If you’re reading this, it’s probably because you have plans to purchase a new central air conditioning system before the summer heat arrives. A good plan, especially if your current AC has shown signs its useful days are done and an AC repair in Frederick, MD won’t keep it running effectively.
But you came to this post seeking answers to a specific question you have about buying a new air conditioning system: “What do these efficiency numbers all mean?” For example, “What is SEER? Is higher or lower better? Is SEER 15 ‘good’? And what’s this EER thing? Please help, I can’t sleep at night!”
No problem—that’s what we’re here for. When it comes to making the actual selection and installation of a new air conditioning system, you’ll need our professional technicians on the job. For the moment, we can give you a basic rundown on SEER and EER and what to look for.
EER = “Energy Efficiency Ratio”
The base rating for cooling system efficiency is energy efficiency ratio (EER). This is a measure of the amount of cooling an air conditioner produces (i.e. the amount of heat it pulls from the air) compared to the electricity consumed as measured under a specific set of conditions (heat, humidity). EER is a ratio of the amount of cooling produced in BTUs to the amount of electricity used in watt-hours. The higher the number, the more cooling per watt-hours.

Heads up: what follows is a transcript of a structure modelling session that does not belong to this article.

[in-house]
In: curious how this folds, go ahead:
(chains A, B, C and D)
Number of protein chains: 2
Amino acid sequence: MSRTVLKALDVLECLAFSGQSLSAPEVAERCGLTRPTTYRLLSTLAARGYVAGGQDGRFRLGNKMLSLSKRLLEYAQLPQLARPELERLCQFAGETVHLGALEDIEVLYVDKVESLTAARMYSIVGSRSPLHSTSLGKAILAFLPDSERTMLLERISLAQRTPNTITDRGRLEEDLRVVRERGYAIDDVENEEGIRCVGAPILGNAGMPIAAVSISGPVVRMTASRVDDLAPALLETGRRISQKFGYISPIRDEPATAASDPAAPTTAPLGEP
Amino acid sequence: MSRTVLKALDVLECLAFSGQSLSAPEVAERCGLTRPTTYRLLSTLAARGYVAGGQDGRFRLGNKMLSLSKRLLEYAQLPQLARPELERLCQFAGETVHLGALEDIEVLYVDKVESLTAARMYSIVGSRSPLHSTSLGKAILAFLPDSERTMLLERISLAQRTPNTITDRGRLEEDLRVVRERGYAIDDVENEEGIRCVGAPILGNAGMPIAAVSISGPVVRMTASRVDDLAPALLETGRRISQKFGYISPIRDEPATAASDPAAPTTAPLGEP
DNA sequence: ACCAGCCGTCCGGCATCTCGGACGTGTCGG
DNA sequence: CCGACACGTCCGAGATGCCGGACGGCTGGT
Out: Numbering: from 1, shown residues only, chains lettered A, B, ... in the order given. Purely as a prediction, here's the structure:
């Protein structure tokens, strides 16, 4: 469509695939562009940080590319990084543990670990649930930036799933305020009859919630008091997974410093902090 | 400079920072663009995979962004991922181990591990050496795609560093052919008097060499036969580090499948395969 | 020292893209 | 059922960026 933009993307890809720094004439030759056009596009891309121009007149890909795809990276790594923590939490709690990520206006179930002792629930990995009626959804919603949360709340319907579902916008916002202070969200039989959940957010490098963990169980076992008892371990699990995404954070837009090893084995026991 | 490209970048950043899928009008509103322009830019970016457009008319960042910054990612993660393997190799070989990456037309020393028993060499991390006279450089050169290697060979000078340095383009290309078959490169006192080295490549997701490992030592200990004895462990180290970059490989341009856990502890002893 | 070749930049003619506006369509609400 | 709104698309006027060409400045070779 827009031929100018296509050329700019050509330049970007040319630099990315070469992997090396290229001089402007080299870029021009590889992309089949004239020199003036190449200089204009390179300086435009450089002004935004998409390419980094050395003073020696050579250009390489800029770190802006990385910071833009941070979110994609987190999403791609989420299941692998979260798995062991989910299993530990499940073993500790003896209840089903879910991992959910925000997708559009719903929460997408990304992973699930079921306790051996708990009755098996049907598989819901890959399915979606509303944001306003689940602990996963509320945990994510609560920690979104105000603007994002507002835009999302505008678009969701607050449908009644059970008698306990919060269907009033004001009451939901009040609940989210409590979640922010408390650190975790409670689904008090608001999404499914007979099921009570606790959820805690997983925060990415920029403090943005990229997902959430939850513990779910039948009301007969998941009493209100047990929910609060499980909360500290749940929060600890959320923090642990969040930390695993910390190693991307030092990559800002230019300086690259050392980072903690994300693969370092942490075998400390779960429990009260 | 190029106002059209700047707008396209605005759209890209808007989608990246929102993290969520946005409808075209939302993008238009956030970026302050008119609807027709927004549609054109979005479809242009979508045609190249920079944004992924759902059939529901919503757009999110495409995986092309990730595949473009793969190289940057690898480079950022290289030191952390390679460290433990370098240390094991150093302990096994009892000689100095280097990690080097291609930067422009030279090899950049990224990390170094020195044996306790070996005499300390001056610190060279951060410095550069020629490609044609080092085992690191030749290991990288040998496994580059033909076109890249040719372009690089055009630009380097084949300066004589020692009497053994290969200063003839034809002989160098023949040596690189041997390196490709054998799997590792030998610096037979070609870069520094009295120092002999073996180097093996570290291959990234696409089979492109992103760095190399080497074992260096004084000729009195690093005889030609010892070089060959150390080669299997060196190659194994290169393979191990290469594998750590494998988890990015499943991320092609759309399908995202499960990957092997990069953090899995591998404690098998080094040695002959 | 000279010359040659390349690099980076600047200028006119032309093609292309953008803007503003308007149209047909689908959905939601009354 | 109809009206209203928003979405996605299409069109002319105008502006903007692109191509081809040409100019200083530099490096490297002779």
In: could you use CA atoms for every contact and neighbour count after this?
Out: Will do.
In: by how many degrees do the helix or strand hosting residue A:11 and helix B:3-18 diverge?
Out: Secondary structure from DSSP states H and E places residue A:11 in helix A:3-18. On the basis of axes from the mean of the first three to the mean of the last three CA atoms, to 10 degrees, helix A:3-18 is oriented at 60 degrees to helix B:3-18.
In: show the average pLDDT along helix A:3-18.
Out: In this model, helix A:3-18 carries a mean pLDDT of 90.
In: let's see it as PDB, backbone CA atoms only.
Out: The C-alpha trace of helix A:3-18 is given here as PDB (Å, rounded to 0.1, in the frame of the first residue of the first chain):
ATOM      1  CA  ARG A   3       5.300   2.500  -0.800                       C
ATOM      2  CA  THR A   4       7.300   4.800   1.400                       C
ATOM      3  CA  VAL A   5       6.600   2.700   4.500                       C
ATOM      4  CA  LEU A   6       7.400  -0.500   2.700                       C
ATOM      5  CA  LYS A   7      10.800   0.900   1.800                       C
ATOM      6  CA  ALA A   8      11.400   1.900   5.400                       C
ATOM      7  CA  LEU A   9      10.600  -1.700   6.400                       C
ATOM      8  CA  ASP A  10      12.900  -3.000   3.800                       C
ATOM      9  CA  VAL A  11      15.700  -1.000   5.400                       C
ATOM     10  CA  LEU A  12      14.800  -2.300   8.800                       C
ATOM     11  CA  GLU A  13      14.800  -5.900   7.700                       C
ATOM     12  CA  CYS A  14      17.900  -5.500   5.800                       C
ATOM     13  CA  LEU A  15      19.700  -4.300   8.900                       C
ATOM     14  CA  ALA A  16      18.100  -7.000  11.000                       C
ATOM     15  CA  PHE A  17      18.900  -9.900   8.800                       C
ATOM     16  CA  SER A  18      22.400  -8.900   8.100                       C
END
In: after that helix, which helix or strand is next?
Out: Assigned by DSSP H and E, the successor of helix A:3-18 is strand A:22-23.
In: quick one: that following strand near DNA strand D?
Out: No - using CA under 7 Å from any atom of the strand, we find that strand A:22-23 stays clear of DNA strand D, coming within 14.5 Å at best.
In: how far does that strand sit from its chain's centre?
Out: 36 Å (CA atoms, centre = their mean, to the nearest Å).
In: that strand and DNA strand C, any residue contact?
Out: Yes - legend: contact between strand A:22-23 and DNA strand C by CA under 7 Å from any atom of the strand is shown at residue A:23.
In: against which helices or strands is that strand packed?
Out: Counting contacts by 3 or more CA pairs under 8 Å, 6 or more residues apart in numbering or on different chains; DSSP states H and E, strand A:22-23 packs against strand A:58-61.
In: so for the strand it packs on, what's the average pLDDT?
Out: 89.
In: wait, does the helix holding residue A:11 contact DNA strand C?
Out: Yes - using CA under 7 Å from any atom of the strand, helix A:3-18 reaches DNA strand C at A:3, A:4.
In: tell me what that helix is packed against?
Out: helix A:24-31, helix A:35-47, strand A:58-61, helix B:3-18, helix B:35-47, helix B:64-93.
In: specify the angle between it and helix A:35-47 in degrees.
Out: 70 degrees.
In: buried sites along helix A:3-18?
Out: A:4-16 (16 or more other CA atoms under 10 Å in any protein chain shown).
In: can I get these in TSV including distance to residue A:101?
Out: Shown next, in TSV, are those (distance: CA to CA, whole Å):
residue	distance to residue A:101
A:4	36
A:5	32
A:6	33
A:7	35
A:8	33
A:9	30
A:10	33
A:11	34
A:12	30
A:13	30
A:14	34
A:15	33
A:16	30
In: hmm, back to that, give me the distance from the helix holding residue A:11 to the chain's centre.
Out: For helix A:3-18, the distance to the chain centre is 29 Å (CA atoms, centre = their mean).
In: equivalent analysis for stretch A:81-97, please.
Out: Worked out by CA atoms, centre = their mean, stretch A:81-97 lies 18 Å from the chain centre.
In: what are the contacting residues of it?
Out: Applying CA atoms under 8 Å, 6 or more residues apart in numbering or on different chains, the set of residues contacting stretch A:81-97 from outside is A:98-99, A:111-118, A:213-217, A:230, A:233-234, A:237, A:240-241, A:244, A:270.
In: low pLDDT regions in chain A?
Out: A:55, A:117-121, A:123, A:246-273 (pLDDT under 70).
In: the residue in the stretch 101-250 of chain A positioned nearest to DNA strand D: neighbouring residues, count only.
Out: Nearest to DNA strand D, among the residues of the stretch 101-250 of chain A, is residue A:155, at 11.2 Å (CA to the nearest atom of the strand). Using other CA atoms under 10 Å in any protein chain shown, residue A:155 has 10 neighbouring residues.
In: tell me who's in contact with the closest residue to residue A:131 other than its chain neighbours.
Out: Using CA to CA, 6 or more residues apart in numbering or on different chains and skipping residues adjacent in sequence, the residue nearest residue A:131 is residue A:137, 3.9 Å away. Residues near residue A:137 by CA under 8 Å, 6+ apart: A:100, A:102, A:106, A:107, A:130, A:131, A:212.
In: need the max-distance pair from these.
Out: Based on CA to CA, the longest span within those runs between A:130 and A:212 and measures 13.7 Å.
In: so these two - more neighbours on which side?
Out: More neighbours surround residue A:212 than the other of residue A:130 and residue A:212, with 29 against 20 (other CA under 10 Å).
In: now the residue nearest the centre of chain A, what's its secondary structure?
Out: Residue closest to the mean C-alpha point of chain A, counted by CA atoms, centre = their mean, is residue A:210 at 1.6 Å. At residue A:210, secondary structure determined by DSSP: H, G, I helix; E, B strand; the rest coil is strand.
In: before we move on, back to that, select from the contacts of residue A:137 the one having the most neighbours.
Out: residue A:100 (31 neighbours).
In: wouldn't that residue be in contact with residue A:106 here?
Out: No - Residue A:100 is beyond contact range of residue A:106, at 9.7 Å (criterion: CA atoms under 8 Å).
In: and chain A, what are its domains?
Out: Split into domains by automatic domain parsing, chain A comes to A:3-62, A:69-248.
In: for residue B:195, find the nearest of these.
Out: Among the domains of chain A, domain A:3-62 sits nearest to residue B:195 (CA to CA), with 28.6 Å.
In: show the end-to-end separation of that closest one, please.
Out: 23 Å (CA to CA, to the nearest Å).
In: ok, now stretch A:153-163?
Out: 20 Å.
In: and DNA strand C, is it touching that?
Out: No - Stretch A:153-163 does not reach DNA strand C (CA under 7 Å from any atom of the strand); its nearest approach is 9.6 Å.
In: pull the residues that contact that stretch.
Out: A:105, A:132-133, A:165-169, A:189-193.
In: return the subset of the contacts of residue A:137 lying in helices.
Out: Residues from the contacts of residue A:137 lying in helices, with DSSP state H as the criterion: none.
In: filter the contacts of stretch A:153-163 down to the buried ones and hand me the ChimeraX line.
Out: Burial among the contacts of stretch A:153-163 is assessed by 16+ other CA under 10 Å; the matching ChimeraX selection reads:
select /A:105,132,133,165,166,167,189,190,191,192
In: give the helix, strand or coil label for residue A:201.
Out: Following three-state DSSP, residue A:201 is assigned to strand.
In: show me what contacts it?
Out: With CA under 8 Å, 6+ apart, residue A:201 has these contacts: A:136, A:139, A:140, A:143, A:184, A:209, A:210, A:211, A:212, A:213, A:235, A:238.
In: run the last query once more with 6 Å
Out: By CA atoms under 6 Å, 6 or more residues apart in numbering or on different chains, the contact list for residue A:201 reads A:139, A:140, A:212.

SEER = “Seasonal Energy Efficiency Ratio”
Although EER is the starting point for determining efficiency, the real data to focus on is seasonal energy efficiency ratio (SEER). The similarity of the names is because the two ratings are almost the same—with the important exception that SEER is determined over multiple tests and differing conditions, rather than a single test. SEER averages out the performance for an air conditioning system over an entire season of cooling, so it gives the consumer a better sense of how well the AC does each year.
What Are the Best SEER and EER Ratings?
Higher numbers are better in terms of raw efficiency. (By the way, EER is always lower than SEER for any model.) But better is a relative term. The highest-rated air conditioner with the top efficiency features may not be ideal for your house. The more efficient systems are more expensive to purchase, and high SEER/EER is not a guarantee of energy savings. For example, a poorly sized and installed air conditioner will end up wasting energy no matter how high its SEER rating.
However, we recommend getting units that at least meet the ENERGY STAR minimum for efficiency. This is 15 SEER/12.5 EER. Anything lower won’t meet requirements for base efficiency. A 15 SEER air conditioning system works well for many homes, and if this is the best choice for your household, we won’t pressure you to purchase a more expensive unit.
Get in touch with our air conditioning experts today to find out more about your AC options and what energy-efficient models may be right for your house.
Tuckers Air Conditioning, Heating & Plumbing serves Washington D.C., Montgomery & Frederick Counties. Schedule a new air conditioning installation today.